A comprehensive estate plan does much more than simply decide who will receive which assets when you die. For most people, an estate plan also includes incapacity planning, retirement planning and even charitable giving. If you wish to include charitable giving into your estate plan, you should be sure to do your homework first.
Choosing a charity can be a daunting task considering that there are over one million public charitable organizations alone throughout the U.S. according to the National Center for Charitable Statistics. Add to that thousands of private foundations and foreign based charities and the list become prohibitive. There are, however, things you can do to narrow down the list.
One option is to focus on local charities. Search your community for worthy causes that you can support. If you wish to expand your search, try using websites like charitywatch.org. After selecting a few possible candidates, you should check to be sure that they are recognized by the Internal Revenue Service so that you will receive the tax benefits that are offered for charitable donations. You can check for IRS recognition using the Exempt Organization Select Check.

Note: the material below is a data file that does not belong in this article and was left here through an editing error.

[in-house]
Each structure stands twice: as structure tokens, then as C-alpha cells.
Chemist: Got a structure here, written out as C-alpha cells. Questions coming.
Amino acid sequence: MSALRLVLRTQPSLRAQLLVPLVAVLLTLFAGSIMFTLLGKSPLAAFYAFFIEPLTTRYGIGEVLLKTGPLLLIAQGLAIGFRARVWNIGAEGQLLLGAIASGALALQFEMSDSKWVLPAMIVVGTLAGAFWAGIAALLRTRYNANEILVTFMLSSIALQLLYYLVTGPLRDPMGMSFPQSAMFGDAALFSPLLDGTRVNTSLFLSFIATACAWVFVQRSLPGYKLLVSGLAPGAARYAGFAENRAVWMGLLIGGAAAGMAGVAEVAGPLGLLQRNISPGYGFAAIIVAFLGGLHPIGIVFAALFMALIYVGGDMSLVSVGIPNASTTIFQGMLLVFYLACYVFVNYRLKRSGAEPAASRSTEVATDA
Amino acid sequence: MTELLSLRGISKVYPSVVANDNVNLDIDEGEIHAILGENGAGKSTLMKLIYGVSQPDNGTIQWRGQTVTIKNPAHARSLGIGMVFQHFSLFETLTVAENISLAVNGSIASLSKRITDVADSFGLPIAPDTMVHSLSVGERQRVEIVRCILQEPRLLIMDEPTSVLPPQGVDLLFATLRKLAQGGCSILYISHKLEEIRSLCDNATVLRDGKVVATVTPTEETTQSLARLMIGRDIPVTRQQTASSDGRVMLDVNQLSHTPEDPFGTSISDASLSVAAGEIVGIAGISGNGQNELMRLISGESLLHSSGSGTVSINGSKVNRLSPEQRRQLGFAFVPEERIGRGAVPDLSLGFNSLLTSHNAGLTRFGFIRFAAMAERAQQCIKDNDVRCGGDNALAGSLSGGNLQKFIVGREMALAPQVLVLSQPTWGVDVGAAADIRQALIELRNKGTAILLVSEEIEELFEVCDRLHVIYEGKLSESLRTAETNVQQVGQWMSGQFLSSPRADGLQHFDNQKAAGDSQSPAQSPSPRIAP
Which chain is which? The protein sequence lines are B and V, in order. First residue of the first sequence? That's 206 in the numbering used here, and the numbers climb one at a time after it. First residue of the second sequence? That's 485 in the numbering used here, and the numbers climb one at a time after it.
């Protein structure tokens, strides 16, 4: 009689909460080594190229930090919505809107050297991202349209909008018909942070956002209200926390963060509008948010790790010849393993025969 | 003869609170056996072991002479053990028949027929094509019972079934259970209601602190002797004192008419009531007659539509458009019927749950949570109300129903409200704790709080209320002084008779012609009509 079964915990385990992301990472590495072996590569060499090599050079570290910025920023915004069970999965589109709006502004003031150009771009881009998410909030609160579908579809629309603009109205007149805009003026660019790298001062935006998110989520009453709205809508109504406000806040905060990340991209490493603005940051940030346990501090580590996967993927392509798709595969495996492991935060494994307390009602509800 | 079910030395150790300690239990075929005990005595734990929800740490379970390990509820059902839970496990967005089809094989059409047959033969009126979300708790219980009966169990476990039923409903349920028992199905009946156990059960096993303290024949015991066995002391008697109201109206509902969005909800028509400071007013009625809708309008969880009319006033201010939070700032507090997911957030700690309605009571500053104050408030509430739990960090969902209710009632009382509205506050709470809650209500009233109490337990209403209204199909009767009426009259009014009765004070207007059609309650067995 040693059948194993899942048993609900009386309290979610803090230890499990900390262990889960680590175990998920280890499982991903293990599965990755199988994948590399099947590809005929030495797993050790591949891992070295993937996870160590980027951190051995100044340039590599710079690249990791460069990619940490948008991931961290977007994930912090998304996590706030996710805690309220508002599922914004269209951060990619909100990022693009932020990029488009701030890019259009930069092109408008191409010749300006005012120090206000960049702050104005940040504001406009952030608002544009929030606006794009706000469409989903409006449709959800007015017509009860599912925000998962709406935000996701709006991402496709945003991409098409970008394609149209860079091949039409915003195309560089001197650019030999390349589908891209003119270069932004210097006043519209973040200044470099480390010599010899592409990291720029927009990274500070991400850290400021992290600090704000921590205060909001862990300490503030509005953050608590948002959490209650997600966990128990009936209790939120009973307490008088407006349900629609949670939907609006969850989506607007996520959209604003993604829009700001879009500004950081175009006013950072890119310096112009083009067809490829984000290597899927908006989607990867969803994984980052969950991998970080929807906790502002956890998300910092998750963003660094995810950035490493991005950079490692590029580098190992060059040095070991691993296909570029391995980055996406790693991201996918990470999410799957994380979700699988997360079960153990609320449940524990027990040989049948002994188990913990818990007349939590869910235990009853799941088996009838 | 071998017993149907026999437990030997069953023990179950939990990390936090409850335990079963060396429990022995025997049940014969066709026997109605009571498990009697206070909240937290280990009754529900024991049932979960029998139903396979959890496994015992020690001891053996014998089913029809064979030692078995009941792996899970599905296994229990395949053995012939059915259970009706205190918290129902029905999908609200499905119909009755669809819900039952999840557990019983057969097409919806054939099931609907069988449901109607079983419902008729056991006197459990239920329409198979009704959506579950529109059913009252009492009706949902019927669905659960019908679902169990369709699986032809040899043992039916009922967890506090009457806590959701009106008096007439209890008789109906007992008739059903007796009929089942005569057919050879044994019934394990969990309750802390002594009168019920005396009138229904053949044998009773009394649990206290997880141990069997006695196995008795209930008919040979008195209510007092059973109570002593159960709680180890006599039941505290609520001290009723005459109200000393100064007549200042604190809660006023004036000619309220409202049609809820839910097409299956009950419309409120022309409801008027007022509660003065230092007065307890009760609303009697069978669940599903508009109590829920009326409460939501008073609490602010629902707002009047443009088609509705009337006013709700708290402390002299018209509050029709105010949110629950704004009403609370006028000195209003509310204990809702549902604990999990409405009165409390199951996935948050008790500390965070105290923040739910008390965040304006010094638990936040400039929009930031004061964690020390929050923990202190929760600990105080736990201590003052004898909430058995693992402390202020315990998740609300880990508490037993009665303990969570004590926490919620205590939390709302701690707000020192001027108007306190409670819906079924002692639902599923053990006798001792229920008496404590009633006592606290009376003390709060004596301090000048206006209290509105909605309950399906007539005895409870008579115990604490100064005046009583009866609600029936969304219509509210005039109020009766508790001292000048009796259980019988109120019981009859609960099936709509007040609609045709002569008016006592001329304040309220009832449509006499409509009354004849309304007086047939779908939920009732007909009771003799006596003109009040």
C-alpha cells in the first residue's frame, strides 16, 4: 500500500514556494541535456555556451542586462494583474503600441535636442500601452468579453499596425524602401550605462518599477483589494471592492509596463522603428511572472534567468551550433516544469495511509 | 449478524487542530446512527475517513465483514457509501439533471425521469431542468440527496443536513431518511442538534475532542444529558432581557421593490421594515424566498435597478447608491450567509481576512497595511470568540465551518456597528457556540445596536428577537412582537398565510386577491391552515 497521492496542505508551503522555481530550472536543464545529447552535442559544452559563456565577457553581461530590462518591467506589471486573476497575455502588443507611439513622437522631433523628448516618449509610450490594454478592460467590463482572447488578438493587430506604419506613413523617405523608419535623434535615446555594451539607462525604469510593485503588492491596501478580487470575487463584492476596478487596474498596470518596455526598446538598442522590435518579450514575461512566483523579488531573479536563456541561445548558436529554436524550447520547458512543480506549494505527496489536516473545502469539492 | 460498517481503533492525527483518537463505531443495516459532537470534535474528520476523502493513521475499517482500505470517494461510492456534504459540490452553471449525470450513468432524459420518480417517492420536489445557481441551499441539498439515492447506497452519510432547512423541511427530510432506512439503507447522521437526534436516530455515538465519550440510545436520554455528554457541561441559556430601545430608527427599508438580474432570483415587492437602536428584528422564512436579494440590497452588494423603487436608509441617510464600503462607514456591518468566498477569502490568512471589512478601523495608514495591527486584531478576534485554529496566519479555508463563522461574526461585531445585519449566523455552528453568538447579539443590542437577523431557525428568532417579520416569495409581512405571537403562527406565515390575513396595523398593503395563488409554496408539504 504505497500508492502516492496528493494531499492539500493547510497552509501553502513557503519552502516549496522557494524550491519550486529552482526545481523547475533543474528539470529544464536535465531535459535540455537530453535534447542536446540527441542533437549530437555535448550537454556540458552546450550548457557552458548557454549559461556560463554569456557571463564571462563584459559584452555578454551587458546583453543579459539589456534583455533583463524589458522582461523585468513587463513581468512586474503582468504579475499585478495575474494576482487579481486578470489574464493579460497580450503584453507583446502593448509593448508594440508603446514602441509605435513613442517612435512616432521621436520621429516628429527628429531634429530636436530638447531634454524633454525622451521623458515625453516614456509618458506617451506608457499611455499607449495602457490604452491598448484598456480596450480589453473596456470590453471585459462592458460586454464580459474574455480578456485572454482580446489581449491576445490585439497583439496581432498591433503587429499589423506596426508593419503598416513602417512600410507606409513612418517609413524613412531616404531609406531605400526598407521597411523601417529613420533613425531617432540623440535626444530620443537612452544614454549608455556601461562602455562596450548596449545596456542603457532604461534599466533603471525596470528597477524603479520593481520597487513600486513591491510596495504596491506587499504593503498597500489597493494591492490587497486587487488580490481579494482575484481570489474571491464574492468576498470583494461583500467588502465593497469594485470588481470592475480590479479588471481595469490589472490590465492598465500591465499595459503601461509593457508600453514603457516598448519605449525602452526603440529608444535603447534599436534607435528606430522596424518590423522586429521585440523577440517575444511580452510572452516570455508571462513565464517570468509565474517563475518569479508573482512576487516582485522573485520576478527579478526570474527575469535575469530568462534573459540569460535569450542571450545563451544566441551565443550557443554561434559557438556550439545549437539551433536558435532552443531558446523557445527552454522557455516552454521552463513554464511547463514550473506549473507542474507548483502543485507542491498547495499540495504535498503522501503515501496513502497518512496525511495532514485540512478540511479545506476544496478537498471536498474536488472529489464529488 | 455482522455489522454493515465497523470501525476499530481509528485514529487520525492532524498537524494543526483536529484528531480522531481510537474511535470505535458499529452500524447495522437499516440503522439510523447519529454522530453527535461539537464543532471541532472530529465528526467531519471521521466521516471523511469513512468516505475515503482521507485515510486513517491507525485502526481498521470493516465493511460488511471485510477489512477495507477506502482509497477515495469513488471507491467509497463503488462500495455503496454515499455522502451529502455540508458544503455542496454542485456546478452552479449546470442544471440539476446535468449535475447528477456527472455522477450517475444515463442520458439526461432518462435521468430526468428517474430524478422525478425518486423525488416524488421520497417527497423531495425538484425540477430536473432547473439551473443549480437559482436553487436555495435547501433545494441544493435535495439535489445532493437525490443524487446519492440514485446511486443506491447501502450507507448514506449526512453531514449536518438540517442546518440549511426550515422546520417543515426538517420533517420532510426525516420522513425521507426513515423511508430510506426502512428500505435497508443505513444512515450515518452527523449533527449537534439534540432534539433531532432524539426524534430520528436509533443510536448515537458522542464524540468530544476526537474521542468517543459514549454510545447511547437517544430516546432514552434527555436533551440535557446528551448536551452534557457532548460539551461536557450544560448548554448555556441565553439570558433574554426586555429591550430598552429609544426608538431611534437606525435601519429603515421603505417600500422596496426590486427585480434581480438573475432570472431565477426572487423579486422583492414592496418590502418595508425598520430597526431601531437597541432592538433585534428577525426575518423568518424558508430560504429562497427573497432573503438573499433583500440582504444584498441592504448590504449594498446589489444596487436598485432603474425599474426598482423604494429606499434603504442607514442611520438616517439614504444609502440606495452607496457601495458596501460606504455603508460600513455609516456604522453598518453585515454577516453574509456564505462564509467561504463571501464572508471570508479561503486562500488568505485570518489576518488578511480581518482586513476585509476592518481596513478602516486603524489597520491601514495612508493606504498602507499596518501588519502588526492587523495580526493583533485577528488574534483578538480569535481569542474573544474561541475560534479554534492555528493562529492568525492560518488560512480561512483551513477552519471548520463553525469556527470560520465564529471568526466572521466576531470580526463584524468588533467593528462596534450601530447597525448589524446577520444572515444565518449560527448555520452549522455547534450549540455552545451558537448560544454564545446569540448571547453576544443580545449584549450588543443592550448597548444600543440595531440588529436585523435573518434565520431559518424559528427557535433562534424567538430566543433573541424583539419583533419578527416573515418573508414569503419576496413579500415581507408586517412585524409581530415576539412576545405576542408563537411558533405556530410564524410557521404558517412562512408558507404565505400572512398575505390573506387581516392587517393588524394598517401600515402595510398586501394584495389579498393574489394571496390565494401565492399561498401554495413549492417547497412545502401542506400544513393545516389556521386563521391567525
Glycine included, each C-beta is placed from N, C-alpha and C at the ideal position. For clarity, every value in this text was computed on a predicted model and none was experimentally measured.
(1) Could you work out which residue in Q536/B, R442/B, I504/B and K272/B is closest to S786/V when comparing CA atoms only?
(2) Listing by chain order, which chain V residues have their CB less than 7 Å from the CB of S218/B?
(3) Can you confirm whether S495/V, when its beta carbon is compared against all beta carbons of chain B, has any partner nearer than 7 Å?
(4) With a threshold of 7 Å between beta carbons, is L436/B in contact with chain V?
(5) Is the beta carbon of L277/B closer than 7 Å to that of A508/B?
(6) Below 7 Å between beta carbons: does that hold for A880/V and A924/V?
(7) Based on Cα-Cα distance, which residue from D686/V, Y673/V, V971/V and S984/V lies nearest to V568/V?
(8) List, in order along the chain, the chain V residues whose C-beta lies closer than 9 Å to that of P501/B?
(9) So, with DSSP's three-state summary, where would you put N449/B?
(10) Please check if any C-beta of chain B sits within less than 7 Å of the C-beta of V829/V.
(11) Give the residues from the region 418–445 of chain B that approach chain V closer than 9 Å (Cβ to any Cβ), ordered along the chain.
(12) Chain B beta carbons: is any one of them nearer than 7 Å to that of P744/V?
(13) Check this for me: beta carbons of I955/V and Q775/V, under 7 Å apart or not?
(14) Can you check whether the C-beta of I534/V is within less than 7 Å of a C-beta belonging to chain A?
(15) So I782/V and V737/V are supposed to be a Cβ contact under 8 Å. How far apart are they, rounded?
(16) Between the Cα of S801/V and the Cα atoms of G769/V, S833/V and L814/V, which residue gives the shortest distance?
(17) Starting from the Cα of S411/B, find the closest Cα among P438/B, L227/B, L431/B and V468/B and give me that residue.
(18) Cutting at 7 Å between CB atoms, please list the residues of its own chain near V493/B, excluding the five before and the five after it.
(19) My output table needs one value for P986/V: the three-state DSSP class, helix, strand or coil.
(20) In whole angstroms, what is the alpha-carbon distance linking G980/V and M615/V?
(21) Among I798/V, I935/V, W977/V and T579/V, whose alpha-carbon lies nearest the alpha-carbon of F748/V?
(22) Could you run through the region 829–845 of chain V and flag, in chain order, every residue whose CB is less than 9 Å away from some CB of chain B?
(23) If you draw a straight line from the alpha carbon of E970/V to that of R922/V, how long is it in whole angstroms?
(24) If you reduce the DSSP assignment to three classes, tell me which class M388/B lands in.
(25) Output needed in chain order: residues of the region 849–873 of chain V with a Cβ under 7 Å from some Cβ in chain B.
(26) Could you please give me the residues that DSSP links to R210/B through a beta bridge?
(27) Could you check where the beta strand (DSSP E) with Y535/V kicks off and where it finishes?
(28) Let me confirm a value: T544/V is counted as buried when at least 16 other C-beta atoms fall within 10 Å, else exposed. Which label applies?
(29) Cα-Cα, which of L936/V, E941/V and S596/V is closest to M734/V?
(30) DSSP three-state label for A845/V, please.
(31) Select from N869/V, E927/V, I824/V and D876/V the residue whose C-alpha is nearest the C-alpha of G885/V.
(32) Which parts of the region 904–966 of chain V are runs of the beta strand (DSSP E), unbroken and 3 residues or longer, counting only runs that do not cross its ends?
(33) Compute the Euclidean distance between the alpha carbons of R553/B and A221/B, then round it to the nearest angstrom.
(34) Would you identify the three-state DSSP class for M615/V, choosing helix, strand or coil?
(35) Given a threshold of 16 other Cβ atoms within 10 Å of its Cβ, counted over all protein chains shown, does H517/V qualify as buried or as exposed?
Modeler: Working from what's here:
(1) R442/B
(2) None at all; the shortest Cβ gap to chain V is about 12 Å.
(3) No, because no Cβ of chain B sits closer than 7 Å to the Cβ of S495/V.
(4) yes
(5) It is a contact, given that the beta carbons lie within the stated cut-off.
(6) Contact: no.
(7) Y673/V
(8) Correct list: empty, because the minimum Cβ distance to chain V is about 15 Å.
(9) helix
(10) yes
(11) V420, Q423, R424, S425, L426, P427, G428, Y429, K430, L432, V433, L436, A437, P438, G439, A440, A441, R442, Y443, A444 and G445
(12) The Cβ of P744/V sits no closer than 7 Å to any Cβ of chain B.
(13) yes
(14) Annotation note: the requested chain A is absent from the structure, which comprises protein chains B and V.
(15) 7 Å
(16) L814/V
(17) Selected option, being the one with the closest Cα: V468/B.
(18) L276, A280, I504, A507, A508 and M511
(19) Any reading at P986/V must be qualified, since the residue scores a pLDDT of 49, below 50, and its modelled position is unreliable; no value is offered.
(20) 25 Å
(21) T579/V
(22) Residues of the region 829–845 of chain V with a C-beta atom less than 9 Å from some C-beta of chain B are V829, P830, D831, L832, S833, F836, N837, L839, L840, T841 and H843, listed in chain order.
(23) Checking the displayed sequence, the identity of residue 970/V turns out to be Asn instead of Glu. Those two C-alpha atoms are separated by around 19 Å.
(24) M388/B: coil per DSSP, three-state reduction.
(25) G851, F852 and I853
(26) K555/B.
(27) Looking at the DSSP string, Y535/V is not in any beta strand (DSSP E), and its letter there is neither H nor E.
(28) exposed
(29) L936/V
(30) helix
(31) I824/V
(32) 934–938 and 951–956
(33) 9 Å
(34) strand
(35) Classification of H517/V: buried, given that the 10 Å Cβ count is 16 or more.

Next, you may want to look up the charity on Charity Navigator. Here, you can find out what percentage of the money donated is spent on administrative costs. In addition, you can get an overall picture of how financially healthy the charity is before you decide to donate money or assets.
Your last step will be to decide how to best incorporate your chosen charity into your estate plan. You may choose a direct gift or something more structured and ongoing such as a charitable trust. Be sure to discuss your options with your estate planning attorney.